Neutrino program: The compelling evidence for neutrino oscillations is probably the most important result of the last 10 years in elementary particle physics. There are many aspects of the neutrino that still remain a mystery. The UF neutrino group is focused on searching for physics beyond the Standard Model in the neutrino sector. We are involved in two neutrino experiments: the MiniBooNE oscillation experiment, and MINERvA, an experiment that will produce measurements of neutrino interactions with unprecedented precision. These two experiments are located at Fermilab.
HIGH ENERGY THEORY
The High Energy Theory HET group seeks to understand the fundamental forces of nature and the basic structure of matter, energy, and space-time. Work proceeds on theoretical foundations, such as string theory and supergravity, on the interface of particle physics and cosmology, and on phenomenological studies which test, strengthen and extend the current Standard Model of particle physics. Topics of interest range from fundamental scientific inquiries such as the nature of M-theory, of the cosmological constant, of string subconstituents etc., to areas of more immediate phenomenological interests, such as the nature and distribution of dark matter, the origin of fermion and neutrino masses, and the possibility of discovering supersymmetry or extra dimensions in the lab. A good introduction to many of these basic questions that we study is found at The Particle Adventure.
The HET group is especially excited about the upcoming LHC era, and expects to play a leading role in understanding and interpreting the future LHC discoveries. Group members are actively pursuing the extraction of measurable predictions from the theory of Quantum Chromodynamics (QCD) describing the proton constituents (quarks and gluons). The phenomenology of new physics beyond the Standard Model is also investigated, including supersymmetric grand unification and extra dimensions. These efforts include high energy collider event simulation and comparison with experimental data. The broad areas of quantum field theory, (super) string theory, and their mathematical structure are also studied. Superstring theory is applied to the Standard Model, Yukawa couplings, neutrino masses, grand unification and supersymmetric cosmology. Expanding theoretical research in the area of astroparticle physics includes an emphasis on the detection and identification of different particle dark matter candidates: axions as well as supersymmetric or Kaluza-Klein dark matter. Quantum gravity in the larger context of Lagrangian field theory and particle physics is also investigated. Specific interests of each faculty member can be found on the individual group faculty web pages.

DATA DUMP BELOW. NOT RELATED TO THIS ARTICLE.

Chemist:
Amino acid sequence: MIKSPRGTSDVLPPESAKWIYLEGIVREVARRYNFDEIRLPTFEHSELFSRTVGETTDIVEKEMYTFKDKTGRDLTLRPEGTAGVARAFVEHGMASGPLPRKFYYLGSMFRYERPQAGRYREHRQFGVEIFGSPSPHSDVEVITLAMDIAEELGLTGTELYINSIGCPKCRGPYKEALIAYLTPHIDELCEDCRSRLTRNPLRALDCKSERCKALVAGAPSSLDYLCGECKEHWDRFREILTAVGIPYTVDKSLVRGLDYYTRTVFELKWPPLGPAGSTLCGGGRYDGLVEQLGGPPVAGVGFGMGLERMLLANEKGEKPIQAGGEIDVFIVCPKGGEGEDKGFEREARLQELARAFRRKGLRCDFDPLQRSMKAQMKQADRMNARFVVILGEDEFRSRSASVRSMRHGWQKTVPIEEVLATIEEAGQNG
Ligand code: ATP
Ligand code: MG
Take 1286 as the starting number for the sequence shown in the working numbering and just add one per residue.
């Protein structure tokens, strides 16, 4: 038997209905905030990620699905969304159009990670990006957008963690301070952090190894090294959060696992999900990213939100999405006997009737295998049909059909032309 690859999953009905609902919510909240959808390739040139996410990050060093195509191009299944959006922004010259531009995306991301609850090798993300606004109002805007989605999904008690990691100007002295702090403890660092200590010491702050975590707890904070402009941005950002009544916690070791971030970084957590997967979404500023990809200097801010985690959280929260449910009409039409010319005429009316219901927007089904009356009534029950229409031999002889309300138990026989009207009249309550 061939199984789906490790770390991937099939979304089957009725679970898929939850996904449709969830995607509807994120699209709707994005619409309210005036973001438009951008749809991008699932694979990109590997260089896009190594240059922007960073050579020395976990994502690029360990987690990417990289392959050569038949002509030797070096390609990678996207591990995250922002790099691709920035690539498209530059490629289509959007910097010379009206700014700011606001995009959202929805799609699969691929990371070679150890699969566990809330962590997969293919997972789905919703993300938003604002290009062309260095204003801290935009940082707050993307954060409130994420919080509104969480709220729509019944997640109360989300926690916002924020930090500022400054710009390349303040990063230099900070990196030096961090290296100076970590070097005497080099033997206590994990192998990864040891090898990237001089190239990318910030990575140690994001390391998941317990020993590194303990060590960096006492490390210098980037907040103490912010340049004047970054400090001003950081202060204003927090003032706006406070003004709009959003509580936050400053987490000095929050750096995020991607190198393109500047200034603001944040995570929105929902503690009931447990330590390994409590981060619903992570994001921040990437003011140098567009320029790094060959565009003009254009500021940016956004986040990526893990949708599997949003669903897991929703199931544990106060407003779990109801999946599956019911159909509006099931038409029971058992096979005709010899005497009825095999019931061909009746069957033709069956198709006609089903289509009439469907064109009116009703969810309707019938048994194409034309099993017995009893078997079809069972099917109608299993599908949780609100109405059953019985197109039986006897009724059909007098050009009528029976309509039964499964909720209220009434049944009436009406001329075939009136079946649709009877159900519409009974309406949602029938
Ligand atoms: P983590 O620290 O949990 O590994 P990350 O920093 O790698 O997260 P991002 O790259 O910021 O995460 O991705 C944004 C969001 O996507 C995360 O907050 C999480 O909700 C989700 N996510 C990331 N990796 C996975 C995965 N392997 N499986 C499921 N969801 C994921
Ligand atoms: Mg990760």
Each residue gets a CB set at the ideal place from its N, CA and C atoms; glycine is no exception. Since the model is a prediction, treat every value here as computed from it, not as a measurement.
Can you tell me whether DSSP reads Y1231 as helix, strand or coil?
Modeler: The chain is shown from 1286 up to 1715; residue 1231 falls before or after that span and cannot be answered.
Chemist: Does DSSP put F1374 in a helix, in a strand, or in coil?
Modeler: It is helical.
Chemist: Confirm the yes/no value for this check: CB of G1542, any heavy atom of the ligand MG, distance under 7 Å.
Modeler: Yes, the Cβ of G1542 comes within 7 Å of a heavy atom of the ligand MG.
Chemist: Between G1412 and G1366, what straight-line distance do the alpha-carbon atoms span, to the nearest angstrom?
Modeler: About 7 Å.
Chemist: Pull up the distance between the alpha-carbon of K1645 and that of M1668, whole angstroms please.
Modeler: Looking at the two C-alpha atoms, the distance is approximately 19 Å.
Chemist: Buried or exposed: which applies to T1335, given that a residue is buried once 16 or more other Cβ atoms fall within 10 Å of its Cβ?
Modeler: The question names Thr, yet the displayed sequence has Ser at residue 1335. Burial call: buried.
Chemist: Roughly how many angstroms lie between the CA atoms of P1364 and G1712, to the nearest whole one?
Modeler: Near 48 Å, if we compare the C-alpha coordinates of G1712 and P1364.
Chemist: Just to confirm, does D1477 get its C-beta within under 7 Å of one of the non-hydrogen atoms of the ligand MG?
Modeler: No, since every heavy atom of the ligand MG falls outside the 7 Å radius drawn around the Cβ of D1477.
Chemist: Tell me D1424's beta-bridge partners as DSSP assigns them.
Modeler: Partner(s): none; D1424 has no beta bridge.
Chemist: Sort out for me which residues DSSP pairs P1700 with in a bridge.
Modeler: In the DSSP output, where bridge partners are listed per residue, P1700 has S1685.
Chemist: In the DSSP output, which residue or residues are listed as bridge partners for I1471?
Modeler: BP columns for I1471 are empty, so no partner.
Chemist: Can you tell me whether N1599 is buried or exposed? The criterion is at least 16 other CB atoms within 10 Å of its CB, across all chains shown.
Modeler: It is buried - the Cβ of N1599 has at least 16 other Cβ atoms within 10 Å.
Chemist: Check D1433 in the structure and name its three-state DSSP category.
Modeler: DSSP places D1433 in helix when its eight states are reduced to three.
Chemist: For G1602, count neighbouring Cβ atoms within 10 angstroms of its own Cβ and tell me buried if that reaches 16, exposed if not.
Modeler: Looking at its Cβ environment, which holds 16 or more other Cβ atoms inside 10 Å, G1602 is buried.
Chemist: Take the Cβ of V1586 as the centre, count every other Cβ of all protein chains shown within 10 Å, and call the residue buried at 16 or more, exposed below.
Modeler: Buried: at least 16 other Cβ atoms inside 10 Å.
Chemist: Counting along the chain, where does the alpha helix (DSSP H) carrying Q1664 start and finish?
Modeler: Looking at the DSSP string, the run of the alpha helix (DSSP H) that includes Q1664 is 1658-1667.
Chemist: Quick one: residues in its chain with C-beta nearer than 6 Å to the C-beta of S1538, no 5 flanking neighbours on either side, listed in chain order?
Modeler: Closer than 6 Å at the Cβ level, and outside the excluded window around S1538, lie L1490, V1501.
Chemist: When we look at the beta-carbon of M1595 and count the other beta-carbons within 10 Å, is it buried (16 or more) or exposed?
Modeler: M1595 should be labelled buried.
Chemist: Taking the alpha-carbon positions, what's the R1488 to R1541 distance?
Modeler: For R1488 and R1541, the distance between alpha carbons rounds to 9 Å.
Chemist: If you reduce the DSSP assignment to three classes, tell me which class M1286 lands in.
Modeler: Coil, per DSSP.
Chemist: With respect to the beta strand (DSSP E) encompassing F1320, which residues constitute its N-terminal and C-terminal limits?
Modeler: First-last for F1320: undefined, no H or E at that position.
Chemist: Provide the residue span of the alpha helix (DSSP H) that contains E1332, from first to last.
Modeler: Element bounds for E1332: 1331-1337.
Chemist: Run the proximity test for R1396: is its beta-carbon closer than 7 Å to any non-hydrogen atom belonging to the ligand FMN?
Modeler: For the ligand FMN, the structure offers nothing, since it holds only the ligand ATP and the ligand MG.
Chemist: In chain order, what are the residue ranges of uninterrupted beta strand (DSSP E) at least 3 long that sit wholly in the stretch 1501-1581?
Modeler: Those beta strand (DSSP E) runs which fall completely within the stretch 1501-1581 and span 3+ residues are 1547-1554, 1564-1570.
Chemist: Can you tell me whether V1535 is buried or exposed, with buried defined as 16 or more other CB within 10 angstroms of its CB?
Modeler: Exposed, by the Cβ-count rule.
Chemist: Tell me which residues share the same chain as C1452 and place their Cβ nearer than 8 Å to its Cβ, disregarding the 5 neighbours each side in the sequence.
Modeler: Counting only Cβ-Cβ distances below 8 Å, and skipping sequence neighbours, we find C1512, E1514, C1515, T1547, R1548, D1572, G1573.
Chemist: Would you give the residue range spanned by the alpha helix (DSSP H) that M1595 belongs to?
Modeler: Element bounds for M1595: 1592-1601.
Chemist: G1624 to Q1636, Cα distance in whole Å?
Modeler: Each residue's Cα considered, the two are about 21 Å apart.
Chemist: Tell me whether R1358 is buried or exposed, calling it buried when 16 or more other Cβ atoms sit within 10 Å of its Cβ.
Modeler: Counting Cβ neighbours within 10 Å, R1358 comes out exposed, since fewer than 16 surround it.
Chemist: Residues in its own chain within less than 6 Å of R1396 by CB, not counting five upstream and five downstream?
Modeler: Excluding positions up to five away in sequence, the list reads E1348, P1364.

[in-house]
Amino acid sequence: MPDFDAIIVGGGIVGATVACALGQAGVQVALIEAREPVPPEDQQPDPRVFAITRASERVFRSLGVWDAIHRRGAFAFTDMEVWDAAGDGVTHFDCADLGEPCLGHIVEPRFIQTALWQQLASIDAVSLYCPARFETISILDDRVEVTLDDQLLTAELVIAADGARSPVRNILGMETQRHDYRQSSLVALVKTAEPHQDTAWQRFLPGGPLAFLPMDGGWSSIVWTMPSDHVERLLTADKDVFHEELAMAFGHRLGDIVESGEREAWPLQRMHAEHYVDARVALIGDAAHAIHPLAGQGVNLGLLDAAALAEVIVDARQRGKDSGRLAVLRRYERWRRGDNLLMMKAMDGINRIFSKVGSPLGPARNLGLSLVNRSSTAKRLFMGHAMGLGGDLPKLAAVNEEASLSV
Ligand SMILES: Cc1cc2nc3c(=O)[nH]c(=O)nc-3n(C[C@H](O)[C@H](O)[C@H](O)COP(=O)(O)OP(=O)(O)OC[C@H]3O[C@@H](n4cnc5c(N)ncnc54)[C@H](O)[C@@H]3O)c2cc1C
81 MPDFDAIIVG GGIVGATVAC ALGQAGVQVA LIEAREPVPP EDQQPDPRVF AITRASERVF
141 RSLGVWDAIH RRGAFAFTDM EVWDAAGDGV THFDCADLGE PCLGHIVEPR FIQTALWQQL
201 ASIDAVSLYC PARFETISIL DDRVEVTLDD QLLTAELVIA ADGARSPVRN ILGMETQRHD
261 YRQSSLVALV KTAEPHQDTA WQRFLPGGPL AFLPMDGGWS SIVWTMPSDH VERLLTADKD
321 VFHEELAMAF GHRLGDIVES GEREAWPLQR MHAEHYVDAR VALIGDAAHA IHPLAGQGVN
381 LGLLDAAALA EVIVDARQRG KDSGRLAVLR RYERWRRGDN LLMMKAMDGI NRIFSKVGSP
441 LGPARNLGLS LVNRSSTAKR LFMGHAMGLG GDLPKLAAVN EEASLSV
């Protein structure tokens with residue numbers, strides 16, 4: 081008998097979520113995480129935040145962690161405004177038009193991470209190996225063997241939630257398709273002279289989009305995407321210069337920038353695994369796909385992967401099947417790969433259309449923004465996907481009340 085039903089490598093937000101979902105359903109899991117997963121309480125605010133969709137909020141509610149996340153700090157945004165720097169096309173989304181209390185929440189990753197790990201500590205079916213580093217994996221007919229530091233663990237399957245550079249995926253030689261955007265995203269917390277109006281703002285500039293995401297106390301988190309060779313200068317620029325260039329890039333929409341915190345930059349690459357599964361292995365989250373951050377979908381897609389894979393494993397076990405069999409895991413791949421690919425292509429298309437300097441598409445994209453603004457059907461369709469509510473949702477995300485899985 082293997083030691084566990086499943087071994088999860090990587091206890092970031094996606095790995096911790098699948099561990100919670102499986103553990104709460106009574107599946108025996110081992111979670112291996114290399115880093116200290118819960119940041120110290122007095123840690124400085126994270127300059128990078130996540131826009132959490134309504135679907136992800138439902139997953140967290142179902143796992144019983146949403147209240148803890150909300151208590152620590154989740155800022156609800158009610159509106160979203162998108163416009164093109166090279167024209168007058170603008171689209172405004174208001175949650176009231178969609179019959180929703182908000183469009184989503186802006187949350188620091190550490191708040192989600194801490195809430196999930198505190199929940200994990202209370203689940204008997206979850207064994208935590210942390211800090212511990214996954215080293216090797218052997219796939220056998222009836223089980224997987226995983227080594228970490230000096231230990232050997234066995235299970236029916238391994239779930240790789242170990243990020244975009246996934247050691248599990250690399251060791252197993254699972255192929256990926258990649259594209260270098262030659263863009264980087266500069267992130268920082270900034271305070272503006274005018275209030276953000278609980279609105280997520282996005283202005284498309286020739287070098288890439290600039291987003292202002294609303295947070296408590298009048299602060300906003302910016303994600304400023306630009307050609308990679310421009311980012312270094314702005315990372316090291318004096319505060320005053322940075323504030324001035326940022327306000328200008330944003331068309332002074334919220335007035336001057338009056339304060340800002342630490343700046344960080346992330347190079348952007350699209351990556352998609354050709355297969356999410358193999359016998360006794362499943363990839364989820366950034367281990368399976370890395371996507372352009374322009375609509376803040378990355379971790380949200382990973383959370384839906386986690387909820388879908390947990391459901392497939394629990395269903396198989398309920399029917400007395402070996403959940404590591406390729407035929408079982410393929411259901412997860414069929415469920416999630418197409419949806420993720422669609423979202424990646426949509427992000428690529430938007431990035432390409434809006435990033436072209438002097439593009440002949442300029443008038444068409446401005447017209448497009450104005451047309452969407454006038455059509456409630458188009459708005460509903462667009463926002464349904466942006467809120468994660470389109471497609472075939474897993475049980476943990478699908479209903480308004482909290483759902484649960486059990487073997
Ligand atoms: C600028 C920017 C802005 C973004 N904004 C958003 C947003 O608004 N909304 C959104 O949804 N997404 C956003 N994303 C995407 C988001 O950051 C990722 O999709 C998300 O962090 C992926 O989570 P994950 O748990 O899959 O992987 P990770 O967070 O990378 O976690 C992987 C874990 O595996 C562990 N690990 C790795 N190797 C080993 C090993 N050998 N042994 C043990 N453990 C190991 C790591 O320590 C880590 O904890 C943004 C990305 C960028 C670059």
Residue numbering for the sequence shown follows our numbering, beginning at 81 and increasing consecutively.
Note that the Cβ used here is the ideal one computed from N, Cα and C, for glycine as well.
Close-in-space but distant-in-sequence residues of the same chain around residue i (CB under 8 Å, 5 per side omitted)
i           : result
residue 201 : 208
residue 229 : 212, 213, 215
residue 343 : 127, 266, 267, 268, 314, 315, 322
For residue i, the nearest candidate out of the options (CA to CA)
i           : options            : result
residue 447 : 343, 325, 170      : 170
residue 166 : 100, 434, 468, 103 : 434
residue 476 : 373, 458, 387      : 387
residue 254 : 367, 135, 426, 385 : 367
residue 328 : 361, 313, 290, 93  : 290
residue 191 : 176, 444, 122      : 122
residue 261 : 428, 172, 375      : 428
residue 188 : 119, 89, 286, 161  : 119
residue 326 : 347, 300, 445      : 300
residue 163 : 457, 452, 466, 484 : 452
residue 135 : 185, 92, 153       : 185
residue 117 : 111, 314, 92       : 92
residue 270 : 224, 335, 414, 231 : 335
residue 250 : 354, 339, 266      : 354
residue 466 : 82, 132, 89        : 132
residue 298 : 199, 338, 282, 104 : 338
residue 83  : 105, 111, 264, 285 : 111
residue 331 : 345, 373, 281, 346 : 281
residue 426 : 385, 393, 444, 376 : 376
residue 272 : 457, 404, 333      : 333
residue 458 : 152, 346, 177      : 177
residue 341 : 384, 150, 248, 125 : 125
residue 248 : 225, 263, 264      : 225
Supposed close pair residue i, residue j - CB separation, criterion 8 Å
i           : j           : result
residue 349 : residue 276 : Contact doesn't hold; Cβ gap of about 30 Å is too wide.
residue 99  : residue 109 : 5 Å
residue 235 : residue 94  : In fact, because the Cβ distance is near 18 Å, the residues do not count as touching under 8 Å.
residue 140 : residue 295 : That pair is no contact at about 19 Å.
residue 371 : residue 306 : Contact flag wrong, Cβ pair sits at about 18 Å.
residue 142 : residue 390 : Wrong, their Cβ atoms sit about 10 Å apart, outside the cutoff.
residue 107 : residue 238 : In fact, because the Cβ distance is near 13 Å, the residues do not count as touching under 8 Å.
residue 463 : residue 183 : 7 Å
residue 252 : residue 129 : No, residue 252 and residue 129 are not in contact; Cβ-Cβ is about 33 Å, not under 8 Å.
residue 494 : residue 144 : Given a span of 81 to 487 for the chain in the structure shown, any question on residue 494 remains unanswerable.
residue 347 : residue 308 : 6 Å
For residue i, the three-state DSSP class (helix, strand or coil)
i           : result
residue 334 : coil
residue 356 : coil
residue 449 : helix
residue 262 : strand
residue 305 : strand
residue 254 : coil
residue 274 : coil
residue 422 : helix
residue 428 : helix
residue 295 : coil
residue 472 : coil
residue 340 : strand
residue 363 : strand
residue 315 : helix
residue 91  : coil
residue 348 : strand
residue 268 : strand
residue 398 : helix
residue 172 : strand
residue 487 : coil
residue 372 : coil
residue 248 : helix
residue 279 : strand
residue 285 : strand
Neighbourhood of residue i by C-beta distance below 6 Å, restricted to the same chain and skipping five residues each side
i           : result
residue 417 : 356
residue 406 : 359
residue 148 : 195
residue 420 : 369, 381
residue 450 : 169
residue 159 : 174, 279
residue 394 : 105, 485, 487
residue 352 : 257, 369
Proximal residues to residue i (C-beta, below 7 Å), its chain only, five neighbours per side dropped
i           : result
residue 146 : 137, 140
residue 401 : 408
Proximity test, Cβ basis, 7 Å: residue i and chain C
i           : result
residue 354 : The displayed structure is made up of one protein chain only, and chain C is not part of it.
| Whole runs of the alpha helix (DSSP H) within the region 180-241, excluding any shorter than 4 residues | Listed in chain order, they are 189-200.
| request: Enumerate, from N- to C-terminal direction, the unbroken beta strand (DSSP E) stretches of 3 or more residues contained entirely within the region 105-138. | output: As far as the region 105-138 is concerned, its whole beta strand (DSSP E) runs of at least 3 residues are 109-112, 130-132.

In addition to the seven faculty members, the group consists of a number of postdoctoral researchers, visiting scholars, and graduate students, who all closely interact with each other. The HET group has an active twice-a-week seminar program with outside speakers. Interdisciplinary activities are embraced in the Institute of Fundamental Theory (IFT), which provides theoretical physicists and mathematicians with an intellectual habitat that is conducive to interdisciplinary contacts. The mission of the IFT is to encourage interactions among Particle Physics, Condensed Matter Theory, Astrophysics, and Mathematics, in order to arrive at a more unified view of the techniques used in these different disciplines.